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How Maine’s unique voting system may play out this election

Maine is the only state, apart from Nebraska, that divides its four electoral votes. In 2016, President Trump lost the state but got one electoral college vote, as he won one of the state’s two congressional districts. Maine Public Radio’s Chief Political Correspondent Steven Mistler joins Hari Sreenivasan to discuss the two campaigns, polls, and how Maine’s ranked-choice voting results could impact the overall election.

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  • Hari Sreenivasan:

    For the political state of play in Maine, I spoke with Steven Mistler, chief political correspondent for Maine Public Radio.

  • Steven Mistler:

    Well, right now, President Trump is in big trouble in Maine statewide. Joe Biden has a ten to 12 point lead here, according to the latest polls.

    But Maine is also very unique in the sense that it divides its electoral votes. It's one of just two states that does that. And in the 2nd Congressional District, we have just two here, President Trump is actually running neck and neck with Joe Biden. And that result could be a big deal going forward if there happens to be a very close race in the Electoral College.

    I mean, it's four years ago President Trump campaigned here a half dozen times and was able to win that 2nd Congressional District, which has one electoral vote, which would've figured pretty prominently if there was a close race that time. It wasn't–he didn't need it then, but he might need it this year.

  • Hari Sreenivasan:

    And how have the campaigns dedicated their resources in Maine?

  • Steven Mistler:

    Well, it's interesting. Joe Biden, he has really just begun to have a ground game here. You know, he didn't have a statewide state director until this summer. He didn't campaign at all here or even send surrogates in the primary that we had back in March.

    President Trump, on the other hand, has sent his family members here, their various surrogates from his campaign. They've been here. He came here in June to tour a swab factory in rural Maine. And, you know, I'm not sure if he'll make it back here this time because of the coronavirus infection that he had. He might have other priorities in bigger states with more electoral votes. But he was on the map or he was on the radar potentially to come here. We were thinking he would up until his diagnosis.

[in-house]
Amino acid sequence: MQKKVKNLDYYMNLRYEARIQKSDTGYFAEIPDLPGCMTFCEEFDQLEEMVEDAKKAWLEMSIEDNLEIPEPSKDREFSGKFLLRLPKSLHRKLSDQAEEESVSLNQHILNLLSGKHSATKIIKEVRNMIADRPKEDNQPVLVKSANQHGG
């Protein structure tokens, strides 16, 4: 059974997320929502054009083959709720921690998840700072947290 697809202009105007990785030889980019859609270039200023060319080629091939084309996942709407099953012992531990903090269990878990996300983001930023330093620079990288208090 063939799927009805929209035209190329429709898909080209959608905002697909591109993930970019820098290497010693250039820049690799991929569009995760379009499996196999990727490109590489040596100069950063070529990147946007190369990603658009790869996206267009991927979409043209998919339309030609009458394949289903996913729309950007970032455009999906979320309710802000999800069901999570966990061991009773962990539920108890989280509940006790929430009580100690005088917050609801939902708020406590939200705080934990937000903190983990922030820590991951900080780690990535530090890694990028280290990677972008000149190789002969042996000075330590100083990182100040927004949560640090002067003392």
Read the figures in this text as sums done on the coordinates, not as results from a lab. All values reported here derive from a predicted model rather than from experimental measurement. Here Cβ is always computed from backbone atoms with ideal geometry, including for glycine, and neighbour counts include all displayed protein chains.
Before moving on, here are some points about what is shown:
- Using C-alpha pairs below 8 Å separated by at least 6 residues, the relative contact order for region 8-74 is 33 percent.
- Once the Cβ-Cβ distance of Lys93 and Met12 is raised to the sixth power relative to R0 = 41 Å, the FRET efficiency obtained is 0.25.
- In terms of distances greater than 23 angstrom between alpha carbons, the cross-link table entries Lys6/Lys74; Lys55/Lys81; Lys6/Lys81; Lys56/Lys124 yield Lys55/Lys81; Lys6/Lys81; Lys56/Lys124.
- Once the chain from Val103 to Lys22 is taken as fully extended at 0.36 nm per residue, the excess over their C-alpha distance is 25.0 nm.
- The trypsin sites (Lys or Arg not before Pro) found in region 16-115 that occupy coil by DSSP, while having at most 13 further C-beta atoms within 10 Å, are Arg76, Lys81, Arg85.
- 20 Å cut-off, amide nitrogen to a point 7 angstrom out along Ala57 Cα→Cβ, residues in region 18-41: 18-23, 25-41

• Hari Sreenivasan:

    So the Trump campaign, at least in the amount of resources that it's devoted, still thinks that it's a winnable state. And there's still, it's not a write off for them or a foregone conclusion. What are the issues that are driving people right now? What are the things that they're most concerned about?

  • Steven Mistler:

    Well, I think it's pretty reflective of what you see in other parts of the country. I mean, coronavirus is a huge issue. Even though the state has done a pretty good job of holding off its infection rates, we've done quite well here. Our governor has managed to strike a balance between allowing some economic activity and also keeping down caseloads in the death rate.

    But that is still top of mind. People are very worried about it. The economy is always an issue. But, of course, the coronavirus and the economy are pretty much linked at this point. And so, you know, those are the two big issues.

    Health care is a big issue. That's certainly an issue that Democrats are running on here. And, you know, those are the main ones at the moment.

  • Hari Sreenivasan:

    On election night, or possibly the days after the election, what should we be on the lookout for when it comes to numbers from Maine or election-related, voting-related issues from Maine?

  • Steven Mistler:

    Well, a couple of things. If there is a close race in the 2nd Congressional District, that race will be decided by ranked-choice voting, which means that we may not know the winner of that particular district for some time. It could take a week, because what happens is, you know, if nobody, neither candidate obtains an outright majority, it goes to a rank choice runoff. And that requires state officials basically going to every single town in the state and we have over 400 of them and collecting paper ballots and then bringing them back to our state capital and then running that tabulation. But that takes time.

    And so we may not know then on election night who won that 2nd Congressional District. If the polls are right, we'll probably know who won statewide, especially if Joe Biden can hold on to that big lead.

  • Hari Sreenivasan:

    All right. Steve Mistler, thanks so much.

  • Steven Mistler:

    Thank you.

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